Tamer El-Emary, Chief Commercial Officer WorldRemit

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Remitting Success

WorldRemit is one of the leading money transfer companies in the world. What sets WorldRemit apart from its competitors?
WorldRemit is a digital money transfer company that is disrupting the traditional offline sector that has underserved millions of migrants for a long time. We send money from 50 countries to 150 countries and the numbers are growing, so we have a truly global presence. We are a team of 700 people, 300 of whom are based in our headquarters in London.

The digital component of our business starts from the send-side, which happens to be 100% cashless – meaning no agents or intermediaries. Our company ethos is to digitize the industry. If someone wants to utilize our service, they will need a smartphone to use the app or they can go online. To make payments, they will need a bank account and a debit or credit card.

On the receiving end, we are multi-method. The money can be transferred directly into a bank account, transfer money through mobiles, or collect cash from a pickup location. In short, no cash on the way in; multimethod on the way out.

The financial service that WorldRemit delivers is faster, more convenient and of comparatively lower cost. From a digital standpoint, we have removed agents from the picture which means that it is now easier to send money. On the receiving end, we have ensured numerous ways to collect these payments. Our service is almost instantaneous in most cases. When compared to other industry players our costs are considerably lower.

However, what really positions WorldRemit for success is that we are the industry leaders in mobile-to-mobile financial services, which is the upcoming trend. Our ability to partner with local governments to obtain licenses send money unparalleled. Similarly, on the receiving side, we have partnered with strong firms and are constantly on the lookout to deepen our network in the 150 countries. We are global. 80% of WorldRemit’s revenue is generated outside the UK. Compliance is also an inherent part of our culture. We have invested time and effort to identify processes and clients, to enhance due diligence and be very focused on a transaction monitoring standpoint as well.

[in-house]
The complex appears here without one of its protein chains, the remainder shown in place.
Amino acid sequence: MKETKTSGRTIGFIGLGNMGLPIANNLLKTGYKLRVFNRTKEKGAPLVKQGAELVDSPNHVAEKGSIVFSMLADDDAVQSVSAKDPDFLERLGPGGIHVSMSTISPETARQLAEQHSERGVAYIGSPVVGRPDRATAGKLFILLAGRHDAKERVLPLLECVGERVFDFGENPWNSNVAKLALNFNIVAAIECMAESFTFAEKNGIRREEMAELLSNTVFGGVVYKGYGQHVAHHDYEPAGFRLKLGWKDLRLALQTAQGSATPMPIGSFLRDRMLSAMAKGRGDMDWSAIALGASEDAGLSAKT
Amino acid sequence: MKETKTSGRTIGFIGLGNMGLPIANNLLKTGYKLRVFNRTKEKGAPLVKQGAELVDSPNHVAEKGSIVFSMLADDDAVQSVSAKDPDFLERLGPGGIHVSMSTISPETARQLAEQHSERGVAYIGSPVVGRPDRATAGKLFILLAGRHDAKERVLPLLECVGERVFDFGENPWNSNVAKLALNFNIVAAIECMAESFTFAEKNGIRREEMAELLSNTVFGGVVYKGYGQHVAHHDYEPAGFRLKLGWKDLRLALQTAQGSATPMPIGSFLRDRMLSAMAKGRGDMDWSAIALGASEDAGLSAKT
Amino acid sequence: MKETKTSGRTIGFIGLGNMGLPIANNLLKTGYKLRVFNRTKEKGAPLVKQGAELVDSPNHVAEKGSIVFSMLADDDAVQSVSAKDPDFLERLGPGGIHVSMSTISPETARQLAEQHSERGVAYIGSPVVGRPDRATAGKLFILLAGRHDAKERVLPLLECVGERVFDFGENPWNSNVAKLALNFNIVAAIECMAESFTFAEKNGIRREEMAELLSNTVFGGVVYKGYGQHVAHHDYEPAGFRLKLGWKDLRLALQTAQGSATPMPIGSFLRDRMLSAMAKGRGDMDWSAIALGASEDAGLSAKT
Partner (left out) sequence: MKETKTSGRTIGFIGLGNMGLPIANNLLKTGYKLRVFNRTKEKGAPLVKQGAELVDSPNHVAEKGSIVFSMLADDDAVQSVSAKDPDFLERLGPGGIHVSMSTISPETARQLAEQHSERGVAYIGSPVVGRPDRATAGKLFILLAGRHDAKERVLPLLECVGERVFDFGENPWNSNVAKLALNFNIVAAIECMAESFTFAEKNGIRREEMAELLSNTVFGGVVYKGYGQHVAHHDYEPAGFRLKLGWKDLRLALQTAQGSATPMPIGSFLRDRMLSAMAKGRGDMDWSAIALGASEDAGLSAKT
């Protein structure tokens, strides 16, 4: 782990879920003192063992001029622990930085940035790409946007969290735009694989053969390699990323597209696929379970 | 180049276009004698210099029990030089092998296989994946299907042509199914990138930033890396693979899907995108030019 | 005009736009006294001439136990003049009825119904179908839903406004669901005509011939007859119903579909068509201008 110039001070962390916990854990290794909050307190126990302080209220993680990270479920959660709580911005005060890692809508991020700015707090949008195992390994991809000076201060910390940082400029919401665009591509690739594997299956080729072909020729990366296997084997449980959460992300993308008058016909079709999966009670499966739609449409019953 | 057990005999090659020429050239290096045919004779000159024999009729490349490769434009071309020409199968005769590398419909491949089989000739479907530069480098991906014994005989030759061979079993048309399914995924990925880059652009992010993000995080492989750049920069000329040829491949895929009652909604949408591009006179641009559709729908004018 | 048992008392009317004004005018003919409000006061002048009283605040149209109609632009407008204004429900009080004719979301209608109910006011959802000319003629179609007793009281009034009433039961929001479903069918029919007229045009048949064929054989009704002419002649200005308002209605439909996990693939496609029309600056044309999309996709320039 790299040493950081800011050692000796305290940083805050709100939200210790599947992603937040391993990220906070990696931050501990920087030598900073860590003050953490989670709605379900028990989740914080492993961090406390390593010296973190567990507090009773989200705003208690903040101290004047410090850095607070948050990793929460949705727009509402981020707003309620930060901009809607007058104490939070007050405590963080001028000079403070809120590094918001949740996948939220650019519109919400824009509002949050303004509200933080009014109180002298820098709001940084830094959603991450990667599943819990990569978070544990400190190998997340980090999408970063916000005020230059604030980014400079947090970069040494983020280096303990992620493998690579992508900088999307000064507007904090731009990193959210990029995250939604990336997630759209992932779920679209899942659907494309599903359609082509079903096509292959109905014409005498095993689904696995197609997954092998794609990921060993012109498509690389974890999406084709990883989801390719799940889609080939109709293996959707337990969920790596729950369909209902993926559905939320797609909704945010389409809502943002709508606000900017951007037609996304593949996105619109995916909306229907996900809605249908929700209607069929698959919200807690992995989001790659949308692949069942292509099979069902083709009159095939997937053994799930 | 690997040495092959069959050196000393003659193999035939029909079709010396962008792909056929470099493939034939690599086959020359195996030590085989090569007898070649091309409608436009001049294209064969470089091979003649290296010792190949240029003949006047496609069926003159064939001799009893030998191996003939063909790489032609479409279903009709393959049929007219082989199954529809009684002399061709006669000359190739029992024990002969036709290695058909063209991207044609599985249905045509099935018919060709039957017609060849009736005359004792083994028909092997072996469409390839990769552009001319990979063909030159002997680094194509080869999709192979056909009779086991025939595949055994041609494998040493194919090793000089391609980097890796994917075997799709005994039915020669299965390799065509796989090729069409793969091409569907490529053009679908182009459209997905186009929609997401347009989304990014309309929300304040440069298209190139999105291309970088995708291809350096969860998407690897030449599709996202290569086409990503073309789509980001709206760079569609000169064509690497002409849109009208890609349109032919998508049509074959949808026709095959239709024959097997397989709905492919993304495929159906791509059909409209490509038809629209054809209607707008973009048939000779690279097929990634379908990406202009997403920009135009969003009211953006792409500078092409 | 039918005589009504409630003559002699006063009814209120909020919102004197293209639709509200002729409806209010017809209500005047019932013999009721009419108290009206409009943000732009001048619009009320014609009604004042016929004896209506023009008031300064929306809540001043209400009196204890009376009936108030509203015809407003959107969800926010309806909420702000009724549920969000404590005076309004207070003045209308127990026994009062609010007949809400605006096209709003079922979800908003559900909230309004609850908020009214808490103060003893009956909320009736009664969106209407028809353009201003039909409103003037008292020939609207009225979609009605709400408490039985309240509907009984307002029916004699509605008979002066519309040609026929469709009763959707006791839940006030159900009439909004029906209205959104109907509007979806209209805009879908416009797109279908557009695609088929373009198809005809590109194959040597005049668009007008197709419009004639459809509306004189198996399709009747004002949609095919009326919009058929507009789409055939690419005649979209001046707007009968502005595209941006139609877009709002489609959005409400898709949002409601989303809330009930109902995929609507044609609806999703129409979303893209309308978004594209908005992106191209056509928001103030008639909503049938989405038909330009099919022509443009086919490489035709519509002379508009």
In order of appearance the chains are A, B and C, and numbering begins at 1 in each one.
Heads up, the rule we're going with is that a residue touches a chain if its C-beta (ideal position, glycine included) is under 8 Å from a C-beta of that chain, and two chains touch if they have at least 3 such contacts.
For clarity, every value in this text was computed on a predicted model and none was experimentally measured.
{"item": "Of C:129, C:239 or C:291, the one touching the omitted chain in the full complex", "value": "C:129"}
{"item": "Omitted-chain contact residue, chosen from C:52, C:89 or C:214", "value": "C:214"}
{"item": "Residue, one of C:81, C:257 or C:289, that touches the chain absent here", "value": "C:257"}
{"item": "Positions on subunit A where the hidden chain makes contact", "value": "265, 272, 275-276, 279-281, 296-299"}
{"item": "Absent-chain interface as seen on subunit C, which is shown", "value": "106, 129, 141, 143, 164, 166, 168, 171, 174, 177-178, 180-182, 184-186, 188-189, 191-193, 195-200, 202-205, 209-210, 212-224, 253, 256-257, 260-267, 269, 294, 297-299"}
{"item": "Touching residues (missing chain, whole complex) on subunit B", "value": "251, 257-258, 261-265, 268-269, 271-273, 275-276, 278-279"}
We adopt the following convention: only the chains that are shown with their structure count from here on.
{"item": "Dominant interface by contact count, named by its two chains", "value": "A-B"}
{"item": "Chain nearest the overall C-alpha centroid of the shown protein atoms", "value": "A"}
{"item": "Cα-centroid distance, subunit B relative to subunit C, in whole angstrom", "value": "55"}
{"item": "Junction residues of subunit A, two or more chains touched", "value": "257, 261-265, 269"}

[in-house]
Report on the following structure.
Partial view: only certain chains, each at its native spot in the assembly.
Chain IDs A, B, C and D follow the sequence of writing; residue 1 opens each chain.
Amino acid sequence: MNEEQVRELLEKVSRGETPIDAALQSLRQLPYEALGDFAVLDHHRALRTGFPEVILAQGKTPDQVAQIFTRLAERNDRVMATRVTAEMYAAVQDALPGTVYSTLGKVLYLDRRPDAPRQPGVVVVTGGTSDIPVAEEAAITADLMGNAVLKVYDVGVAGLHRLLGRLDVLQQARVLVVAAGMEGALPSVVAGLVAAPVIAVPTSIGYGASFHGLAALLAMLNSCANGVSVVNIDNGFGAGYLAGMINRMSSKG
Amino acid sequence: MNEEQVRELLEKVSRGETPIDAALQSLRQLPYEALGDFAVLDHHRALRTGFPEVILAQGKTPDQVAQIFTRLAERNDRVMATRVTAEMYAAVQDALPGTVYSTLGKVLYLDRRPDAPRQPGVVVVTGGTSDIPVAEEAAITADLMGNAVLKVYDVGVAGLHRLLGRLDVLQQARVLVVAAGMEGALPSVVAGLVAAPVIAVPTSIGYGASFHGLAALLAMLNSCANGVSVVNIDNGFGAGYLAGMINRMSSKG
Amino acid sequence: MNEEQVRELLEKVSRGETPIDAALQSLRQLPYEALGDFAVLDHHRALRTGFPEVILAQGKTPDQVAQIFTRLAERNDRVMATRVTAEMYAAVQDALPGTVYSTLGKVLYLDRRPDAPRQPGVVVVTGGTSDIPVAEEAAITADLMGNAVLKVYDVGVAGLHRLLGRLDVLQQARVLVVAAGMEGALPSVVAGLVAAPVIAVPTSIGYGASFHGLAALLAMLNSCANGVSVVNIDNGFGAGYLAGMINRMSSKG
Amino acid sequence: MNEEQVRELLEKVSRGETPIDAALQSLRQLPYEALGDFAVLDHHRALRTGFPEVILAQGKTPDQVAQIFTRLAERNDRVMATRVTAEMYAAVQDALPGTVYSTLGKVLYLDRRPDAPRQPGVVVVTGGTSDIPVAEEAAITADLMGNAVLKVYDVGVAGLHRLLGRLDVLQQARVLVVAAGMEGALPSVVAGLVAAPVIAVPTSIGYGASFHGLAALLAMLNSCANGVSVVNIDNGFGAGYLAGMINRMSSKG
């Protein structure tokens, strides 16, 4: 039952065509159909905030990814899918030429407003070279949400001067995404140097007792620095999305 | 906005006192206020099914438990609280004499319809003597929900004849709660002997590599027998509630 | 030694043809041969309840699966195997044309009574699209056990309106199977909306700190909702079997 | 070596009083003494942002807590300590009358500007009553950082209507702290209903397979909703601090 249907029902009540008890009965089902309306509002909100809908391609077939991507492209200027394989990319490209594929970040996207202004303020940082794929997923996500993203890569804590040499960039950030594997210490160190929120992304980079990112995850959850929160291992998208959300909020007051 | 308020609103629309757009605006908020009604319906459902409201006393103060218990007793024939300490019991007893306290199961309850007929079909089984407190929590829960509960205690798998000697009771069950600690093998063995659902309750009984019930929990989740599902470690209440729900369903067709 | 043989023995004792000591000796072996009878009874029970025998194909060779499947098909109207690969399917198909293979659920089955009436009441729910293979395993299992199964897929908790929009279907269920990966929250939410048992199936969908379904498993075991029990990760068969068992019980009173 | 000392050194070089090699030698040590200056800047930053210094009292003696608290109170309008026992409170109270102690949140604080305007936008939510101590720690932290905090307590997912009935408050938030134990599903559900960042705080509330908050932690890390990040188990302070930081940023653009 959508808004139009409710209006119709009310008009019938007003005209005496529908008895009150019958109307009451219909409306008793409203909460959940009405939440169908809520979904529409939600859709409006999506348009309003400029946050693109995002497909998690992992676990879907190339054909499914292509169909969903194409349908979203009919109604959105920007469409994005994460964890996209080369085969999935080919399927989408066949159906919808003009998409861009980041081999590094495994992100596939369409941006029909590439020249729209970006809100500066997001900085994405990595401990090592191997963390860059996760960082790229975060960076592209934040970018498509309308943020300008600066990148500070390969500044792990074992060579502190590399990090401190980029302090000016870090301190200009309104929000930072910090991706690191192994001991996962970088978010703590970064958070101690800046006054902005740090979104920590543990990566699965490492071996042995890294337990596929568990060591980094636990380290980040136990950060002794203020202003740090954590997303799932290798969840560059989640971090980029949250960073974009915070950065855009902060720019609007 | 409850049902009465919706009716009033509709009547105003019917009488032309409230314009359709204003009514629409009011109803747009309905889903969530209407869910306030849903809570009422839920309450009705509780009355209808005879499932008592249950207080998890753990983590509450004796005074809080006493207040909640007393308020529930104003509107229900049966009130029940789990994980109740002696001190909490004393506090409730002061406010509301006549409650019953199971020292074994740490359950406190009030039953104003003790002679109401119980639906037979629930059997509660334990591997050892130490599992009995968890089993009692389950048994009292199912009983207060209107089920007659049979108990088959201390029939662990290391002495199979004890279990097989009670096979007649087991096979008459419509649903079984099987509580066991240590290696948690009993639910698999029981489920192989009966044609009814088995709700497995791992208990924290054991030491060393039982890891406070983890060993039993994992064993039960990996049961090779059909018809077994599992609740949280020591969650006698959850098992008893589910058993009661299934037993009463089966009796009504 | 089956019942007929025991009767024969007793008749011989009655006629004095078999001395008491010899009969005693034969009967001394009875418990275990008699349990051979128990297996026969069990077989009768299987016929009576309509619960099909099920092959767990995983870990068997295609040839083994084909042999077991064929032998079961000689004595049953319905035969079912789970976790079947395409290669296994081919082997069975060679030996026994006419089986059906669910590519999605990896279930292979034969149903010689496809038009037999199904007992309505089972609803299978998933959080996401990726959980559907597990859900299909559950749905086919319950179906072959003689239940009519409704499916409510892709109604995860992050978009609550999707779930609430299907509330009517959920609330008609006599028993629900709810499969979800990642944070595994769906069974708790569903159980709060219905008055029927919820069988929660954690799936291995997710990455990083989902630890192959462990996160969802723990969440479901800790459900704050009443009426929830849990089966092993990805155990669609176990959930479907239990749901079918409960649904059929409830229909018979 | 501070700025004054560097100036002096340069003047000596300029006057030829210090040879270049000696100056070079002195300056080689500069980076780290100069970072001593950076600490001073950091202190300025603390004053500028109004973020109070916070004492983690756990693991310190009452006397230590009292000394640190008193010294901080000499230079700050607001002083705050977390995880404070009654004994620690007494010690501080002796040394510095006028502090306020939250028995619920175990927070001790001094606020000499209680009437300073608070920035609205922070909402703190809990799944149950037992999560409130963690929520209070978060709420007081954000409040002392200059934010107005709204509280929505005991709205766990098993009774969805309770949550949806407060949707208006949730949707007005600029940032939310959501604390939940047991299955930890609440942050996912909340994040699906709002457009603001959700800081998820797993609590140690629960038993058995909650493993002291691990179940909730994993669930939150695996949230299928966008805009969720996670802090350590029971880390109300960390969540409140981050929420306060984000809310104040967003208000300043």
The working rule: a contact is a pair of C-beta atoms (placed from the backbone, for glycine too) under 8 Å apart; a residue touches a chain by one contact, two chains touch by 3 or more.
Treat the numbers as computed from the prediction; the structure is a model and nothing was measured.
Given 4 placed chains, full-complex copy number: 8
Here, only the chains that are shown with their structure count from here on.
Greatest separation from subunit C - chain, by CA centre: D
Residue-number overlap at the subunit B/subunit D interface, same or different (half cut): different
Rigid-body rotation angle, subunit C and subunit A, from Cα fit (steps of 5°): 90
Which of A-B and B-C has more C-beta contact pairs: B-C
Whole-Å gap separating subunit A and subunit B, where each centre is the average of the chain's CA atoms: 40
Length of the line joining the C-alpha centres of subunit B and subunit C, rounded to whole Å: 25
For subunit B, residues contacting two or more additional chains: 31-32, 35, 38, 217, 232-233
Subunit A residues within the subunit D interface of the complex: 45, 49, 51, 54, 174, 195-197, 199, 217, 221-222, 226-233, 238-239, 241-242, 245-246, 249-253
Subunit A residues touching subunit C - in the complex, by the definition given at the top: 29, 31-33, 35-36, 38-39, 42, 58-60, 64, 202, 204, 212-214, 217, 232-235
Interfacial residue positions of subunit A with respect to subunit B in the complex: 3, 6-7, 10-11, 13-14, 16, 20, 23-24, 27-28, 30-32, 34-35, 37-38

We have a very strong business from an economic and financial standpoint, where we have grown at exceptional rates in the last few years. In 2016 we delivered £41million in revenue, in 2017 it was just short of £60 million, and this year we are hoping to earn £95 million. There is something to be said about the amazing investors we have had. We have the financial support of institutions who have backed Facebook, Spotify, Netflix and so on, which means we have great advisors. Going forward, this has really poised us for success.

WorldRemit already has a large presence in Bangladesh. Do you have any future plans for expansion?
We have been in Bangladesh since 2012 and have had partnerships with banks as well. Our partnership with bKash with BRAC Bank is one such example of a great collaboration, which is also our efforts to expand in Bangladesh and thus expand the network. bKash has 30 million mobile money accounts, BRAC Bank has 1.5 million accounts and 186 branches for the customers to collect money from. This is in addition to the extensive network we already have in Bangladesh.